After landing in Petropavlovsk-Kamchatsky in Kamchatka, I had a couple of days to relax before exploring the Commander Islands and Kuril Islands off the coast of Russia.
This is the part of Russia beyond Siberia. The eastern edge of the largest country in the world. In Petropavlovsk-Kamchatsky, or PK as they say, everything seemed stuck in time. Old concrete block buildings everywhere. Nothing new, bright or exciting. As drab as it was, I loved it, and didn’t care that many Russians call PK the ugliest city in Russia.
This was just a temporary stop. I had islands to explore, and one that I was looking forward to most was Simushir Island in the Kurils. The island was mostly uninhabited over the years, but a size-able settlement was functioning here for nearly 20 years, with a top secret submarine base operating at Broutona Bay from about 1987 to 1994.
It was abruptly abandoned one day, leaving behind relics and buildings that tantalize your imagination. Plenty of Soviet Era artwork still adorns the walls in the empty buildings too.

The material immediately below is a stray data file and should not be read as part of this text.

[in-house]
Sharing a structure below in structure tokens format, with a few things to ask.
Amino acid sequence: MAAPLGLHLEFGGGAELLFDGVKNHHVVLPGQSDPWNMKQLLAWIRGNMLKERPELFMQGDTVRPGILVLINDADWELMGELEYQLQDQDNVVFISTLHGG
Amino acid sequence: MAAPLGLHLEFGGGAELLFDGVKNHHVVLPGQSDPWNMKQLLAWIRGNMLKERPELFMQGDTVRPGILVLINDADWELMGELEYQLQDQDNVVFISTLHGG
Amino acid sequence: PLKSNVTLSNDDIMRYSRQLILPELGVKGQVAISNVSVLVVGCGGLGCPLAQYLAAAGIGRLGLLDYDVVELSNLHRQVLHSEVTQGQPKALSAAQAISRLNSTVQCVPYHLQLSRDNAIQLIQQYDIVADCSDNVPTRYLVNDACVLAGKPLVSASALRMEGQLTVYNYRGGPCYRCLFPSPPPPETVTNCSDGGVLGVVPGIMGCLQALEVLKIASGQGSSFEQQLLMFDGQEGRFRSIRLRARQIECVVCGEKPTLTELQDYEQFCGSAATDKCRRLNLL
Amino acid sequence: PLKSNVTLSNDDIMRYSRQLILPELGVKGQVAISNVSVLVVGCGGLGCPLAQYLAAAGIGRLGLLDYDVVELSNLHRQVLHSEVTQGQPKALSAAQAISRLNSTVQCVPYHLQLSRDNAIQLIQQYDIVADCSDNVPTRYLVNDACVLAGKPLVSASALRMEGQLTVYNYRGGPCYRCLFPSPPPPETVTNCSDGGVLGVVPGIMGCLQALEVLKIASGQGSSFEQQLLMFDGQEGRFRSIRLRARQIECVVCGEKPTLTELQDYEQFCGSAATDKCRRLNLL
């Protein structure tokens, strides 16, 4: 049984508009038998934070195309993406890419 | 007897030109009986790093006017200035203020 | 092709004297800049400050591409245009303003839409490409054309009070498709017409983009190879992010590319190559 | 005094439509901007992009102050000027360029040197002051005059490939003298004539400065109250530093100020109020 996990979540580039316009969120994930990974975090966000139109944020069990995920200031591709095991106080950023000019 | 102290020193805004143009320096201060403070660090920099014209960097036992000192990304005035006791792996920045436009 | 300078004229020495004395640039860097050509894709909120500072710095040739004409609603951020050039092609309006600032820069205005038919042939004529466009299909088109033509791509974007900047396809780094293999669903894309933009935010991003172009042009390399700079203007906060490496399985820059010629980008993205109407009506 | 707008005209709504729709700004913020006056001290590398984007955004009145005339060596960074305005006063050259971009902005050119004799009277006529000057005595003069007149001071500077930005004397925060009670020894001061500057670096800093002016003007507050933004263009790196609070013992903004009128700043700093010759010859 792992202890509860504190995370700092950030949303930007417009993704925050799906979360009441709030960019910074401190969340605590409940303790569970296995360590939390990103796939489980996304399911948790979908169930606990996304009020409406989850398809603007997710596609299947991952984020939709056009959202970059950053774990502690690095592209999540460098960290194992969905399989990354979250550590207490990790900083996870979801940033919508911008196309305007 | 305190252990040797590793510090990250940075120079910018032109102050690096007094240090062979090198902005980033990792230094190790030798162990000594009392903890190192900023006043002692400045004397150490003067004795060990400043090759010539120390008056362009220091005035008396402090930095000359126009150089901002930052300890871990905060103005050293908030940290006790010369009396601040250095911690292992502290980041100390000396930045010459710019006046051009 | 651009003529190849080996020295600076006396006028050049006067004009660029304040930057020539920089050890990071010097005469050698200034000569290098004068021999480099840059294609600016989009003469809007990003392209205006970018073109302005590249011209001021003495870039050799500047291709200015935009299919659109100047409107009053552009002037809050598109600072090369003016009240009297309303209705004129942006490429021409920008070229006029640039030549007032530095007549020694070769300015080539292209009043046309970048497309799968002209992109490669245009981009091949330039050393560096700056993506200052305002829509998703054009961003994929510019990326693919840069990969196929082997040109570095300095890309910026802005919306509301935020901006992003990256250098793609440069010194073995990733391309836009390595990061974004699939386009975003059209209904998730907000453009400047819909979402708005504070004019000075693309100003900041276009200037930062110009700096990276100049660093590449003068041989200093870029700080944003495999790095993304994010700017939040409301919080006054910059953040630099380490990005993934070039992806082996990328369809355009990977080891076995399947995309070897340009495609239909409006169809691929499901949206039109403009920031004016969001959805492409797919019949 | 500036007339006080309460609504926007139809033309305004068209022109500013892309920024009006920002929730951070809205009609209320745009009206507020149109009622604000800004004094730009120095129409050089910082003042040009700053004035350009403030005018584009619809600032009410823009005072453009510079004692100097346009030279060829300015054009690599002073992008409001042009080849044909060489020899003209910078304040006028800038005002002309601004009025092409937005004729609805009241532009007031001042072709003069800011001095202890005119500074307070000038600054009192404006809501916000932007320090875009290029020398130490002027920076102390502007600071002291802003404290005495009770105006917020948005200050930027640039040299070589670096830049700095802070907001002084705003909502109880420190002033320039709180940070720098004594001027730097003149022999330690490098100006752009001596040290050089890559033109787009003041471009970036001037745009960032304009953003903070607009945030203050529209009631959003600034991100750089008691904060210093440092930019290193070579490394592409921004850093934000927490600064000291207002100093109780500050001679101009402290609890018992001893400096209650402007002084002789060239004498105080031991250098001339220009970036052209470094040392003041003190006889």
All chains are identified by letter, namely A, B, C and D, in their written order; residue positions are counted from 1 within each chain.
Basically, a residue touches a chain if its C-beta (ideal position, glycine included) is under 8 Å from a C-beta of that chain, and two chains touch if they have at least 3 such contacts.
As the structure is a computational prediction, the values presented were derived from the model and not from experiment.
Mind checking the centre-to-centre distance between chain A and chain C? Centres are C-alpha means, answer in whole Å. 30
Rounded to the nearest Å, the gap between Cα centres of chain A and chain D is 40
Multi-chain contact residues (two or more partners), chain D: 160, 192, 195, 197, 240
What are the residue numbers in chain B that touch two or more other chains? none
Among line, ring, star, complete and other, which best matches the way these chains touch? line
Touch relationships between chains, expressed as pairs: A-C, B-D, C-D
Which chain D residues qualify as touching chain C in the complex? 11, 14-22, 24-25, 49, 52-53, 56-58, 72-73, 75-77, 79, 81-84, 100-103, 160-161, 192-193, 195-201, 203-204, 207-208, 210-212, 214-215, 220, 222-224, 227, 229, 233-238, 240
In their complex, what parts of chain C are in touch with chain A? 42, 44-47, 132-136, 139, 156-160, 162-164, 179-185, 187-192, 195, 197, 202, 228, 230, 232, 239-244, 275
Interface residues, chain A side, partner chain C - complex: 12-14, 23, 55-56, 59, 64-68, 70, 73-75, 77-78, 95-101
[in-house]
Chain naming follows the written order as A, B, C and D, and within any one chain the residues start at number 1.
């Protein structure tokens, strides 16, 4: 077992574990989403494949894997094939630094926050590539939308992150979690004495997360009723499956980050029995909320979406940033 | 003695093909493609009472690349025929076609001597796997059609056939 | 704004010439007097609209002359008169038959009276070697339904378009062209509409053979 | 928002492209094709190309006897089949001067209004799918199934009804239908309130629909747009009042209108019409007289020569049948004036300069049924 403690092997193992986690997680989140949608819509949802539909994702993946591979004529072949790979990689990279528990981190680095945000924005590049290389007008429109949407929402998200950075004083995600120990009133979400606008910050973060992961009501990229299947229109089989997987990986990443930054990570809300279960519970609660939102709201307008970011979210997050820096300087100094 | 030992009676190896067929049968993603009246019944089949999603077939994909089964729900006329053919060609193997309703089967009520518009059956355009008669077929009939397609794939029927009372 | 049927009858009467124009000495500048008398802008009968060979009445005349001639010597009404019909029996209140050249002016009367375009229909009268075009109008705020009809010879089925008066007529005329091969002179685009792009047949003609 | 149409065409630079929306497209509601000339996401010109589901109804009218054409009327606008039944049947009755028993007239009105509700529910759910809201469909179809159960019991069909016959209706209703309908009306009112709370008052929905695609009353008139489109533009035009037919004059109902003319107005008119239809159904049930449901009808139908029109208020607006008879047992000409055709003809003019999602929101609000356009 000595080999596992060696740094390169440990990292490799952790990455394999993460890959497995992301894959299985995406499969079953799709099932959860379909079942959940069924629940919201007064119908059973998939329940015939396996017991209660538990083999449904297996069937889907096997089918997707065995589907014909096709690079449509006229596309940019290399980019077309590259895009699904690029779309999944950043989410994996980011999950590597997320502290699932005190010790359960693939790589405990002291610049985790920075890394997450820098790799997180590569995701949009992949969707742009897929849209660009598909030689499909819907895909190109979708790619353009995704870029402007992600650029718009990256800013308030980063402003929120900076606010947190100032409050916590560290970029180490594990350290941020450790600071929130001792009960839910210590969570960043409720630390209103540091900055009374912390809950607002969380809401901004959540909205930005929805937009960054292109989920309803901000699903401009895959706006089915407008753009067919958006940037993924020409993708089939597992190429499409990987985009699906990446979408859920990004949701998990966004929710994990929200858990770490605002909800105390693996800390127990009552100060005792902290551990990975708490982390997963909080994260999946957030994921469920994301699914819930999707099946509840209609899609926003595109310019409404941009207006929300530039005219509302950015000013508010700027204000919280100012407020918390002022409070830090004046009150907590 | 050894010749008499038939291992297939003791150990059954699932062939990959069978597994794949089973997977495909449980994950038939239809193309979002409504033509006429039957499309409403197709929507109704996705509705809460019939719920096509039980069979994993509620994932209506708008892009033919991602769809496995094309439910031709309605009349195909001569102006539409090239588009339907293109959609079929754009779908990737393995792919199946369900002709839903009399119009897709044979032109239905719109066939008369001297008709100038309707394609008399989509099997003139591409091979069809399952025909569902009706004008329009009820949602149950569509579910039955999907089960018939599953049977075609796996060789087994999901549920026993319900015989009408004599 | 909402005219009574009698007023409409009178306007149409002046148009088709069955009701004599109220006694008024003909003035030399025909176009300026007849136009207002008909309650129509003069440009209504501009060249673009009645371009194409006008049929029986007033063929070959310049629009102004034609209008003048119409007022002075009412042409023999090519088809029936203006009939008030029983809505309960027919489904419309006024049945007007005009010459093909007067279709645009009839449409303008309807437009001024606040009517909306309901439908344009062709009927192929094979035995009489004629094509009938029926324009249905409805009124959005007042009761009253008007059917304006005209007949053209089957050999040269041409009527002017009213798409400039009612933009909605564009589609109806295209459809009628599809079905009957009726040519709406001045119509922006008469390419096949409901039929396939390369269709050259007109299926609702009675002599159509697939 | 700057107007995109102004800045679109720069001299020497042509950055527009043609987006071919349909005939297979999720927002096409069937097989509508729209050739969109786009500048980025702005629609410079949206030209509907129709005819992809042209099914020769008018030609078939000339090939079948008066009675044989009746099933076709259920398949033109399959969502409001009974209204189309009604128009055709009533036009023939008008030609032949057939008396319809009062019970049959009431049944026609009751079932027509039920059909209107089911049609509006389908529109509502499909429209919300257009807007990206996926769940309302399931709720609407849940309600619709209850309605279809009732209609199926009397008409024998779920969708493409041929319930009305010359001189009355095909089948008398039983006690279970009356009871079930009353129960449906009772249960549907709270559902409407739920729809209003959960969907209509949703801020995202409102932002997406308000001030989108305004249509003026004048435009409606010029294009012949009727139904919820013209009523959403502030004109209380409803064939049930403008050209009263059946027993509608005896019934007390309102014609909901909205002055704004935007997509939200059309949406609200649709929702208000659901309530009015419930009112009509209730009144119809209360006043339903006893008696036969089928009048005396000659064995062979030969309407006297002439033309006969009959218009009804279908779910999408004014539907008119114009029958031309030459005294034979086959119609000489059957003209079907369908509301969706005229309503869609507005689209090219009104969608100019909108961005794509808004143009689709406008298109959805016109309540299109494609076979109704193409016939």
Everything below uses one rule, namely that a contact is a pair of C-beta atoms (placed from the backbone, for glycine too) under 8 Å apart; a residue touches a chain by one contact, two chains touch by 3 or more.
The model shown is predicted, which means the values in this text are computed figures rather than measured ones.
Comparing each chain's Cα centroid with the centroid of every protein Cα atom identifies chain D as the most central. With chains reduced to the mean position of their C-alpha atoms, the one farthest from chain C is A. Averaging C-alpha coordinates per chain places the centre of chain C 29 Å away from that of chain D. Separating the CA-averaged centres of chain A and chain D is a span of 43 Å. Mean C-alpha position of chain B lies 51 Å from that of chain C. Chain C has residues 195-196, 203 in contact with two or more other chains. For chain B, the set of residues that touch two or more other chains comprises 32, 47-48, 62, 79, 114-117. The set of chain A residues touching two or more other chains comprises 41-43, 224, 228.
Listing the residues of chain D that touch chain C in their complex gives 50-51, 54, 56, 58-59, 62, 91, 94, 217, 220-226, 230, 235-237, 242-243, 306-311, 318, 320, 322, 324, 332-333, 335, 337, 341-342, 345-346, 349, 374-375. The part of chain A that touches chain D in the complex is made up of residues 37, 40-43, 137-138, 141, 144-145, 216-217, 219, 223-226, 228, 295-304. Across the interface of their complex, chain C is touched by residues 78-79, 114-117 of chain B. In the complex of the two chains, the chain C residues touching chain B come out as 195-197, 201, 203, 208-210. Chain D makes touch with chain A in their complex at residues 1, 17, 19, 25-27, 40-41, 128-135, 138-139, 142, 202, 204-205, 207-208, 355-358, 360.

Once home to thousands of people, the settlement had a hospital, large apartment blocks, school, livestock pens – now all lying in ruins. Books are scattered on the floor. Gun turrets rust outdoors, having never fired a shot. A shoe repair shop has half-finished repairs lying about and trucks now sit idle in fields being recaptured by nature.
It’s a spooky place in some ways, but fascinating at the same time.
The setting is beautiful. A large volcano in the background, a sheltered bay and beach out front. Wild foxes and birds all about. You can really envision families living here and having a good life. But then it all ended.
Where did they all go? Why did they abandon the settlement? Did they move to another top secret submarine base we don’t know about, or was it just time to close up shop and send everyone back to more populous cities?
Today, very few people visit this island. Perhaps some Russian fishing boats stop by now and then. Only a handful of tourist boats ever make it out here in any given year. It feels more like an outdoor museum than anything else.
Definitely a place unlike any other that I have visited. It made me wonder though, how many of these abandoned settlements exist throughout Russia?